slayer of Ongentheow, shared the rings, themselves with Grendel. Now God be thanked
shelter-of-heroes. To Hygelac XXVIII
Beowulf's coming was quickly told, -- 138
that there in the court the clansmen's refuge, BEOWULF
the shield-companion sound and alive, that safe and sound I can see thee now!"
hale from the hero-play homeward strode. Beowulf spake, the bairn of Ecgtheow: --
With haste in the hall, by highest order, "'Tis known and unhidden, Hygelac Lord,
room for the rovers was readily made. to many men, that meeting of ours,
By his sovran he sat, come safe from battle, struggle grim between Grendel and me,
kinsman by kinsman. His kindly lord which we fought on the field where full too many
he first had greeted in gracious form, sorrows he wrought for the Scylding-Victors,
XXVIII evils unending. These all I avenged.
137 No boast can be from breed of Grendel,
BEOWULF any on earth, for that uproar at dawn,
with manly words. The mead dispensing, from the longest-lived of the loathsome race
came through the high hall Haereth's daughter, in fleshly fold! -- But first I went
winsome to warriors, wine-cup bore Hrothgar to greet in the hall of gifts,
to the hands of the heroes. Hygelac then where Healfdene's kinsman high-renowned,
his comrade fairly with question plied soon as my purpose was plain to him,
in the lofty hall, sore longing to know assigned me a seat by his son and heir.
what manner of sojourn the Sea-Geats made. The liegemen were lusty; my life-days never
"What came of thy quest, my kinsman Beowulf, such merry men over mead in hall
XXVIII Then, over the ale, on this heirloom gazing,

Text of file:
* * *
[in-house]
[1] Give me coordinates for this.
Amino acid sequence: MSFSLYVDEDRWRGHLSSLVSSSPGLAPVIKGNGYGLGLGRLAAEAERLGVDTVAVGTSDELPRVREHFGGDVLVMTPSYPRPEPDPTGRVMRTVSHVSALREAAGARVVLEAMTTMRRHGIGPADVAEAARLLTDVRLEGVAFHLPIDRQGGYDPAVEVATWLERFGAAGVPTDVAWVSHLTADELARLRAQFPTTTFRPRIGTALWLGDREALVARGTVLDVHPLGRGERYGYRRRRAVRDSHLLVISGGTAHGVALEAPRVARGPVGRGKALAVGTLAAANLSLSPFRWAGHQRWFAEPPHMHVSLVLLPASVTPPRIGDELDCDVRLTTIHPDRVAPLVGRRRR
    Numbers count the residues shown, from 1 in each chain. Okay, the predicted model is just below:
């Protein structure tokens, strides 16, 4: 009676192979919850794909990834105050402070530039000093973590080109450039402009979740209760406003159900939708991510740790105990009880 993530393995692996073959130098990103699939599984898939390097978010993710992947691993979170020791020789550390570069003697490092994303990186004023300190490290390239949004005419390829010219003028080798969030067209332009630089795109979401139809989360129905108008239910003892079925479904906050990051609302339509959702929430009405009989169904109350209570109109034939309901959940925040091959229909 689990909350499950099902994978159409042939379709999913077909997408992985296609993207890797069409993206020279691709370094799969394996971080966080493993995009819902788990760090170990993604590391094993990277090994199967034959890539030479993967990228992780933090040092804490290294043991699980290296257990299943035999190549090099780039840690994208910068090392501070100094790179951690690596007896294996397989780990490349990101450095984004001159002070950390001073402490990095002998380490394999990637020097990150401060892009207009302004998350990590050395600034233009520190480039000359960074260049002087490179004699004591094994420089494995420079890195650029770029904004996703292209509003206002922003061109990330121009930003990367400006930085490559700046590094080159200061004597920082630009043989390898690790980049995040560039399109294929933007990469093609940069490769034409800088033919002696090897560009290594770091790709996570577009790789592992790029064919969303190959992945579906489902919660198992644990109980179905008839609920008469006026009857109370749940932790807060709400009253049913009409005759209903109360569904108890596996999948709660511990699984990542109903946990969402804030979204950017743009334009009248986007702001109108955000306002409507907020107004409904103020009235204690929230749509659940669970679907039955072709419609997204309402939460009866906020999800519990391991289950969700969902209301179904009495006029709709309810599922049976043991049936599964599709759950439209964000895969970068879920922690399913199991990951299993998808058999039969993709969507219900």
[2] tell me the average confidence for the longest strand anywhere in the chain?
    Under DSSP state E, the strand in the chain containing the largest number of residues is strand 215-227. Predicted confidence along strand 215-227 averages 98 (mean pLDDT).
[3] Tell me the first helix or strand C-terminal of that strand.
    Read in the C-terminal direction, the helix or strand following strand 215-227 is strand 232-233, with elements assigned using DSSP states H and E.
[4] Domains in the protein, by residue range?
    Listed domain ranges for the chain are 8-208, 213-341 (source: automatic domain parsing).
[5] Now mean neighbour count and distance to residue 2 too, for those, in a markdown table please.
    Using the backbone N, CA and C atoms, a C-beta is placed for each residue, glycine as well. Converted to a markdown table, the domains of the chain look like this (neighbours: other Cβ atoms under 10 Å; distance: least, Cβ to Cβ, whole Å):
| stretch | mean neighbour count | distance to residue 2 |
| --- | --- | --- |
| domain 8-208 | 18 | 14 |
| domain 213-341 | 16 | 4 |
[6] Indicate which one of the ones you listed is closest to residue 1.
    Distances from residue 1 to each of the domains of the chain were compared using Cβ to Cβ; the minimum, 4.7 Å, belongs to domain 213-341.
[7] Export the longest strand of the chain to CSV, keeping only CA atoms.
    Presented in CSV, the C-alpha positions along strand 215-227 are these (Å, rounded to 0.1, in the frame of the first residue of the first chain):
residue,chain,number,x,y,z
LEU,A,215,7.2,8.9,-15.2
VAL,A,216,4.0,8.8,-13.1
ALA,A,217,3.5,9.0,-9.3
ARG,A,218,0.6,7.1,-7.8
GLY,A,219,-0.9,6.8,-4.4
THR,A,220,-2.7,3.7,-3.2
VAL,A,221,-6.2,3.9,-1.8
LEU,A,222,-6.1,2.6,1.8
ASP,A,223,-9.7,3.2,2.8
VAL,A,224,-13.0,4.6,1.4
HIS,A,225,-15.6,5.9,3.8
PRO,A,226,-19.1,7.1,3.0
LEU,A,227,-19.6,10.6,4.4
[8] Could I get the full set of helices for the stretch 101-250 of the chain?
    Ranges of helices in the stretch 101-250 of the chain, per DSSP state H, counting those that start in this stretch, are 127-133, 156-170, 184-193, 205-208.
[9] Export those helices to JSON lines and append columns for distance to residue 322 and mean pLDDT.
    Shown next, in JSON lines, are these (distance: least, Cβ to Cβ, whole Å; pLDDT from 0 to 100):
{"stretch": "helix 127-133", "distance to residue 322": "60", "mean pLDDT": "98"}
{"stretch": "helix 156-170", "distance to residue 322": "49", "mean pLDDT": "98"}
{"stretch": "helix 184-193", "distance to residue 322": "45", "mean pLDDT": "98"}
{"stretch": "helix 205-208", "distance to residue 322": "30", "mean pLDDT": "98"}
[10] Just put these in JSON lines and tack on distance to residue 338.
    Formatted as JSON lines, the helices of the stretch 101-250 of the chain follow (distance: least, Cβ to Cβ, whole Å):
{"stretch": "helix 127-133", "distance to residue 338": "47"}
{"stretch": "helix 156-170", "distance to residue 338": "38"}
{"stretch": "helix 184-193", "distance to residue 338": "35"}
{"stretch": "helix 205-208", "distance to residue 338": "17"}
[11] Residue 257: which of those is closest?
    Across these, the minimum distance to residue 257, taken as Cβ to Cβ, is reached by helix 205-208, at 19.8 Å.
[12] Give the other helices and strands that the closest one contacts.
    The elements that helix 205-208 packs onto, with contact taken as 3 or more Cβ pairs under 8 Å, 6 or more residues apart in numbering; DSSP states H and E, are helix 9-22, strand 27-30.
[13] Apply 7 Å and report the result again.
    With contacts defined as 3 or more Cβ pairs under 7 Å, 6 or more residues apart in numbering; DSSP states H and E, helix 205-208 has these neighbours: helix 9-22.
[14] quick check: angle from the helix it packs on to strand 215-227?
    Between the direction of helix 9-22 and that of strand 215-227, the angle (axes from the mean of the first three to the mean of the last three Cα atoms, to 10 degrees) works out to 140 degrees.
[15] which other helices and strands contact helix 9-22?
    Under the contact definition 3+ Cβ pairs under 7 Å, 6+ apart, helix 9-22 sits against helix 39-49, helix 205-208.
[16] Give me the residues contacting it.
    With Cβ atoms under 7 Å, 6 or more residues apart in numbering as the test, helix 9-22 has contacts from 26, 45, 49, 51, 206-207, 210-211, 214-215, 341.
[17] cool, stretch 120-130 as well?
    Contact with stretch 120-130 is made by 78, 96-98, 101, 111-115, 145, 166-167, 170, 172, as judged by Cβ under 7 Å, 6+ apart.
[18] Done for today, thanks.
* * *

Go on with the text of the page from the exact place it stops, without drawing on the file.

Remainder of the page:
139 some ash-wielder old who has all in mind
BEOWULF that spear-death of men,3 -- he is stern of mood,
have I heard under heaven! The high-born queen, heavy at heart, -- in the hero young
people's peace-bringer, passed through the hall, tests the temper and tries the soul
cheered the young clansmen, clasps of gold, and war-hate wakens, with words like these: --
ere she sought her seat, to sundry gave. Canst thou not, comrade, ken that sword
Oft to the heroes Hrothgar's daughter, which to the fray thy father carried
to earls in turn, the ale-cup tendered, -- in his final feud, 'neath the fighting-mask,
she whom I heard these hall-companions dearest of blades, when the Danish slew him
Freawaru name, when fretted gold and wielded the war-place on Withergild's fall,
she proffered the warriors. Promised is she, XXVIII
gold-decked maid, to the glad son of Froda. 141
Sage this seems to the Scylding's-friend, BEOWULF
kingdom's-keeper: he counts it wise after havoc of heroes, those hardy Scyldings?
the woman to wed so and ward off feud, Now, the son of a certain slaughtering Dane,
store of slaughter. But seldom ever proud of his treasure, paces this hall,
when men are slain, does the murder-spear sink joys in the killing, and carries the jewel4
but briefest while, though the bride be fair!1 that rightfully ought to be owned by thee!_
"Nor haply will like it the Heathobard lord, Thus he urges and eggs him all the time
and as little each of his liegemen all, with keenest words, till occasion offers
XXVIII that Freawaru's thane, for his father's deed,
140 after bite of brand in his blood must slumber,
BEOWULF losing his life; but that liegeman flies
when a thane of the Danes, in that doughty throng, living away, for the land he kens.
goes with the lady along their hall, And thus be broken on both their sides
and on him the old-time heirlooms glisten oaths of the earls, when Ingeld's breast
hard and ring-decked, Heathobard's treasure, wells with war-hate, and wife-love now
weapons that once they wielded fair after the care-billows cooler grows.
until they lost at the linden-play2 "So5 I hold not high the Heathobards' faith
liegeman leal and their lives as well. due to the Danes, or their during love
and pact of peace. -- But I pass from that, I paid in kind for his cruel deeds;
XXVIII yet there, my prince, this people of thine
142 got fame by my fighting. He fled away,
BEOWULF and a little space his life preserved;
turning to Grendel, O giver-of-treasure, but there staid behind him his stronger hand
and saying in full how the fight resulted, left in Heorot; heartsick thence
hand-fray of heroes. When heaven's jewel on the floor of the ocean that outcast fell.
had fled o'er far fields, that fierce sprite came, Me for this struggle the Scyldings'-friend